EXPLORE the French Austral Lands and Seas with this slideshow, check the location map and get all the facts and information below.
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Location and Values: The French Austral Lands and Seas is the largest site on the world heritage list, spread between three serial components in the Southern Ocean at latitudes of 37-50oS. It is about twice the size of the Great Barrier Reef world heritage site and similar in extent to the entire area of France or the US state of Texas. The three components each include an archipelago of pristine volcanic islands and their surrounding seas, making up a total land area of 7,669 km2 (1.1% of the site) with 665,301 km2 of seas (98.9%). The islands have large continental shelves and lie at the convergence of three ocean fronts, creating highly productive marine environments in the middle of a relatively poor ocean. They are home to over 50 million birds, including the world’s largest populations of King Penguin and Yellow-nosed albatross, as well as vast numbers of marine mammals including the second-largest population of elephant seals. The very remote location of the islands, thousands of kilometers from the nearest continental land mass, has protected them from human activity and provides a unique opportunity for the study of ongoing processes in biological evolution and the impacts of climate change.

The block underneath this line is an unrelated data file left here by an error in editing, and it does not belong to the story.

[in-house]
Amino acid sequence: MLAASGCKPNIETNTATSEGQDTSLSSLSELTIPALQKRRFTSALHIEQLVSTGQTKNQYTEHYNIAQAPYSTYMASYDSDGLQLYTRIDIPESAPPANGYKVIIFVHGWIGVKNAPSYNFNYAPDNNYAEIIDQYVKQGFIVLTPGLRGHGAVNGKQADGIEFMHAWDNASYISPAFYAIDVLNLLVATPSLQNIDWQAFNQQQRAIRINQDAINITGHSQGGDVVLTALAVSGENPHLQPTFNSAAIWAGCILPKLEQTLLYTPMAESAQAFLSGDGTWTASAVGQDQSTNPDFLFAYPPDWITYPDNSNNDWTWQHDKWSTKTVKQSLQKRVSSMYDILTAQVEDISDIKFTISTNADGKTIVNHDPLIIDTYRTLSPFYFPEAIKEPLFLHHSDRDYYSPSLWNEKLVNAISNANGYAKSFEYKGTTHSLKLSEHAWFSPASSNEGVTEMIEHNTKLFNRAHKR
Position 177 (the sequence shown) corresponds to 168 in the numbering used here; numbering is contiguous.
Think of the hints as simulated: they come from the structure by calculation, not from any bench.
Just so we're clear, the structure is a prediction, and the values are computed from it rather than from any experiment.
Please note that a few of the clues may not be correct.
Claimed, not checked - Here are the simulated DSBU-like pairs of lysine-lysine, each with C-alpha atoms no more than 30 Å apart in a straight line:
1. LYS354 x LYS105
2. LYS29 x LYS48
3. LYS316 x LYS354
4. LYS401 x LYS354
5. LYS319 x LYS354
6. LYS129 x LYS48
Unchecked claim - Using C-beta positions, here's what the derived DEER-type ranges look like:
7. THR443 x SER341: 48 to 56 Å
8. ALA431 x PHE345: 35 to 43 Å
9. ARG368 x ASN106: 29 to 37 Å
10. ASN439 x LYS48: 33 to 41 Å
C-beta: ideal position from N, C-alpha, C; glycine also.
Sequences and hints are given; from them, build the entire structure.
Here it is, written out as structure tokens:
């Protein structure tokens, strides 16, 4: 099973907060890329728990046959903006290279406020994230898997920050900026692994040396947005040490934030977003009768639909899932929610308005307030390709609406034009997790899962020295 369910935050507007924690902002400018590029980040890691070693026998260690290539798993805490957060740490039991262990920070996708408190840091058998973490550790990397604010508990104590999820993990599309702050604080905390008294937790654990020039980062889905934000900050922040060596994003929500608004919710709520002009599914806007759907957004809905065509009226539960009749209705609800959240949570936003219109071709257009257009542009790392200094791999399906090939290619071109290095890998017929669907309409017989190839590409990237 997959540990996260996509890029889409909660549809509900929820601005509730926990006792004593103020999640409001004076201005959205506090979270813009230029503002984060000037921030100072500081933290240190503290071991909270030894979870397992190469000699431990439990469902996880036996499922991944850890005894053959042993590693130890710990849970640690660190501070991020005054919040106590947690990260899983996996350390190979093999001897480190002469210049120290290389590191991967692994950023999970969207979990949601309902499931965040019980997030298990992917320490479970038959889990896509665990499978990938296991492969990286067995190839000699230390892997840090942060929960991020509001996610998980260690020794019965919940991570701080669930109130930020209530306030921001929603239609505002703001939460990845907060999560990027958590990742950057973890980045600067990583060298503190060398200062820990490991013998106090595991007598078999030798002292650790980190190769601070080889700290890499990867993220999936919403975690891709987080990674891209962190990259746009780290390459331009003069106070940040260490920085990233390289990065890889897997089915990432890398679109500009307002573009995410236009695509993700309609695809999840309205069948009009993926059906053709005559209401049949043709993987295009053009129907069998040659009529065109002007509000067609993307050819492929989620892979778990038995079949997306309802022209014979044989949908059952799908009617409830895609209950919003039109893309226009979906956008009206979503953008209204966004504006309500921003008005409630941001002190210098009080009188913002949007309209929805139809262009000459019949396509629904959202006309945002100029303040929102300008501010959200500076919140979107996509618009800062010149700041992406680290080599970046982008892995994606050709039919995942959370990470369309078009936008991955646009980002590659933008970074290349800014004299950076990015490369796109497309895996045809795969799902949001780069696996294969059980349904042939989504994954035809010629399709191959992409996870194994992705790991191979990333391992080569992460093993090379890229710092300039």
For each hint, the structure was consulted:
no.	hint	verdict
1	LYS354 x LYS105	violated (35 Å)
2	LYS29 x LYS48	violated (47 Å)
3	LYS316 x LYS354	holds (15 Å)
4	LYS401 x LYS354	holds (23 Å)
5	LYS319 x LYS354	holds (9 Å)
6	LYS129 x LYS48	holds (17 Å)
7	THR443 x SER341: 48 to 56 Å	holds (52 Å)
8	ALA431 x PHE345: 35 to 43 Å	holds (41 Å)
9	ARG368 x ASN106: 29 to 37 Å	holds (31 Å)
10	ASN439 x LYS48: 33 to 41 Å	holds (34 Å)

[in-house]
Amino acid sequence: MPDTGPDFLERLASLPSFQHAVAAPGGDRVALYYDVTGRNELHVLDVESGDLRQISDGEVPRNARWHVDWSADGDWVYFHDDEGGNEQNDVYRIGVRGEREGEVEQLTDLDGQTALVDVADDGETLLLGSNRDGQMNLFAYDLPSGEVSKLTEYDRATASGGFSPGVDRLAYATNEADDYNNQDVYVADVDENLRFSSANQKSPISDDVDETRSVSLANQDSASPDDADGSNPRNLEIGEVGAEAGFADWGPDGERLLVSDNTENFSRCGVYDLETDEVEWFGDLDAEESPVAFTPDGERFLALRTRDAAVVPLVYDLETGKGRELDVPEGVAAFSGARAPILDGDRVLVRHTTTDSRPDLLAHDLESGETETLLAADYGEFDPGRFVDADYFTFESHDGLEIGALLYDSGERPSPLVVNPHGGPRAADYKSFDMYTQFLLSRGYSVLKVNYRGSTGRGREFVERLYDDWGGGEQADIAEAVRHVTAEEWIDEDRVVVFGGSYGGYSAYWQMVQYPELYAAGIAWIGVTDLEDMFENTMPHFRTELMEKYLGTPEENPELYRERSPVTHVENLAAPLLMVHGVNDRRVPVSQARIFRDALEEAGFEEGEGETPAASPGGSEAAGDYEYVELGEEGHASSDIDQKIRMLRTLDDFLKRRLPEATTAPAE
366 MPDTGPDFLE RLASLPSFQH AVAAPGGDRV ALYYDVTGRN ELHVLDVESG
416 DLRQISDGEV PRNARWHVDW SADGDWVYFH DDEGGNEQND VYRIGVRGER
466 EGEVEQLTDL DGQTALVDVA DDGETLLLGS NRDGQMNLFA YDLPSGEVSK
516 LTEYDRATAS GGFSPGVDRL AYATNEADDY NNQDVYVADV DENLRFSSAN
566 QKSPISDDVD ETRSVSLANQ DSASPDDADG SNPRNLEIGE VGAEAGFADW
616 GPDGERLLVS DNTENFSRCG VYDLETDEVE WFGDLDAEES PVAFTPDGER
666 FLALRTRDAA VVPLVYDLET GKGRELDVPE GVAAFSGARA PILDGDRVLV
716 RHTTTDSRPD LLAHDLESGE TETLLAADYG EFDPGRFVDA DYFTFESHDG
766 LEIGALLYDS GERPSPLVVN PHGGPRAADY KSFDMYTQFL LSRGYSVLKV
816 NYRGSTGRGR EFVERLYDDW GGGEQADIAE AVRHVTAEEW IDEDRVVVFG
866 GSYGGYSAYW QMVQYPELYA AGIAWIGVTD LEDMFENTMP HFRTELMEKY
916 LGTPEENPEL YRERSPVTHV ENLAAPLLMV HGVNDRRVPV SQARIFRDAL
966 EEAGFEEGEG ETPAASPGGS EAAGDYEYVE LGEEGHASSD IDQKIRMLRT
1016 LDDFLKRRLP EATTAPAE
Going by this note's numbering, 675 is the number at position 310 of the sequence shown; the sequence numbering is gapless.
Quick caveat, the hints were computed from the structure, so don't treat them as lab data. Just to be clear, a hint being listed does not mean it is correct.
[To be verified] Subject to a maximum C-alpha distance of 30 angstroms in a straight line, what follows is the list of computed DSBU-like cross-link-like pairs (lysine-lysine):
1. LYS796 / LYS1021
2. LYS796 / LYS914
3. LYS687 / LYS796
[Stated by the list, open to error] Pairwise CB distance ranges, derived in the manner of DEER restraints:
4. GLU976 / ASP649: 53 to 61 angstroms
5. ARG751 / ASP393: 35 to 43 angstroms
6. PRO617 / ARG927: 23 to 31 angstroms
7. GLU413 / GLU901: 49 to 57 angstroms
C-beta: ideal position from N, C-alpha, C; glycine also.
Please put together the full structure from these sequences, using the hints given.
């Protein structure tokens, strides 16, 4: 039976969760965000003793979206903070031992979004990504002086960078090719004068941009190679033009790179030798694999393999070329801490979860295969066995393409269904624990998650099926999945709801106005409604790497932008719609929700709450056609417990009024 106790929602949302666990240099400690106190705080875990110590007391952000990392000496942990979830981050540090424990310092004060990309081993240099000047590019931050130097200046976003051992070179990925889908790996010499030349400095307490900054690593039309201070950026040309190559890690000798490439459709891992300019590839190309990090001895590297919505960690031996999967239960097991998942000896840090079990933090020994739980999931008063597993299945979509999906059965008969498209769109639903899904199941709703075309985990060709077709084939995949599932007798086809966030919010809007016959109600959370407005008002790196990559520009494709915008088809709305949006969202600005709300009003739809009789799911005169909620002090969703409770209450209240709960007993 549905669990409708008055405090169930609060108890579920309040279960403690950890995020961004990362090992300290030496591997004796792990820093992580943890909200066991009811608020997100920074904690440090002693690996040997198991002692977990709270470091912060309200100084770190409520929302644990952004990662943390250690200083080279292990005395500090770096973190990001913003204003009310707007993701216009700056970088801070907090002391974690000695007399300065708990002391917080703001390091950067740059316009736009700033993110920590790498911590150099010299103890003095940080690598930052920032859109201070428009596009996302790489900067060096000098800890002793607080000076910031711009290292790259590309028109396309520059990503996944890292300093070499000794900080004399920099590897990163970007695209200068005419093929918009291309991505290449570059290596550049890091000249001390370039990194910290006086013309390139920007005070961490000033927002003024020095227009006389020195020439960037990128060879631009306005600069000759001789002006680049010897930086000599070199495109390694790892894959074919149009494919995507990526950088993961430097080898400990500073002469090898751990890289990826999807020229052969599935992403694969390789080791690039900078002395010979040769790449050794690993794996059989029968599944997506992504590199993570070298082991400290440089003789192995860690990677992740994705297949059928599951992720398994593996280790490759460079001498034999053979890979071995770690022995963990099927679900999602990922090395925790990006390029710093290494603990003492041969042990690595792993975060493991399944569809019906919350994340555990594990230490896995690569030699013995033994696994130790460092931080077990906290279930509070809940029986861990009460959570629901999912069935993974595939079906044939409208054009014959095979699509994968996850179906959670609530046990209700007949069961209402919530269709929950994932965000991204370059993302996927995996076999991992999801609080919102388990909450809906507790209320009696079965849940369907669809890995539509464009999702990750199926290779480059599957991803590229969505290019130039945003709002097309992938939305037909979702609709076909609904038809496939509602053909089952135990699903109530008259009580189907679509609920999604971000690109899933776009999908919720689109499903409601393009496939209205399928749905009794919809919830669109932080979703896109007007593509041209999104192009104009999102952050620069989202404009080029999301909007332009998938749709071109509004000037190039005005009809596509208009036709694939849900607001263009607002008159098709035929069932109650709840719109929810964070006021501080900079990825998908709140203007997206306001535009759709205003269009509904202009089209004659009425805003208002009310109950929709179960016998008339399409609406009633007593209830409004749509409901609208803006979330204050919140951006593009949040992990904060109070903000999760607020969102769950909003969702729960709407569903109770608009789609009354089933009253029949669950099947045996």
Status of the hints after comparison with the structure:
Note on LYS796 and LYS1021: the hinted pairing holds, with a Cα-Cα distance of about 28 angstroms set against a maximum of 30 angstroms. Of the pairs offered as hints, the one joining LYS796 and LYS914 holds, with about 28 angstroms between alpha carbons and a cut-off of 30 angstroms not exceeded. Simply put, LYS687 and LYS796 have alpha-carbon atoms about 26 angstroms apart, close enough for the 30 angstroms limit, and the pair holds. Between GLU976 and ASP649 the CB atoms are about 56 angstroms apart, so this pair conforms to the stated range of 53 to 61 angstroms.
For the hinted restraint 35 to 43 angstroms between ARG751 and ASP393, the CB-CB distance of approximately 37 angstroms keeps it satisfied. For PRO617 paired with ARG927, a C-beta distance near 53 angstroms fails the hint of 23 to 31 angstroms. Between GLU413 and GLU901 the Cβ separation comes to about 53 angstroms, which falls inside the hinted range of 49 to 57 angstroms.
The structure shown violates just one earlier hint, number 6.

Conservation Status and Prospects. According to IUCN’s Conservation Outlook Assessment (2020) the conservation status of the French Austral Lands and Seas is ‘good’. The islands are uninhabited (except for three small scientific/military bases) and visitation is minimal. The impacts of past exploitation of whales, penguins, seals and lobsters have now been largely restored. However, there remain significant threats from invasive alien species, including rats, mice, rabbits, cats and reindeer as well as some invertebrates and introduced plants, such as dandelions and some grasses. The longer-term impacts of climate change remain unknown but potentially severe. Illegal, Unreported and Unregulated (IUU) fishing remains a problem across such a wide swath of remote seas with minimal surveillance capacity.
The slideshow ‘tells the story’ of the French Austral Lands and Seas with a portfolio of photos to illustrate to landscapes and wildlife on each of the main island groups. It starts with the smallest of the island groups with photos of Amsterdam and Saint Paul Islands (the most northerly group, which lie in the cool temperate zone), followed by the Crozet Archipelago before finally showing the larger, glaciated and highly dissected Kerguelen island with its associated smaller islands. The principal species of birds and marine mammals are shown, including king penguin colonies, elephant seals, sub-Antarctic fur seals, various species of albatross, killer whales and the endemic Commerson’s dolphin (around Kerguelen).
The following Flickr photographers and other sources are acknowledged with thanks for their contributions to this slideshow: Communication-TAAF, Jeremy-Tornos, Xavier-Desmier and Pascal-Subtil.
- Exceptional natural phenomenon (vii);
- Ecological processes (ix);
- Natural habitat for biodiversity (x);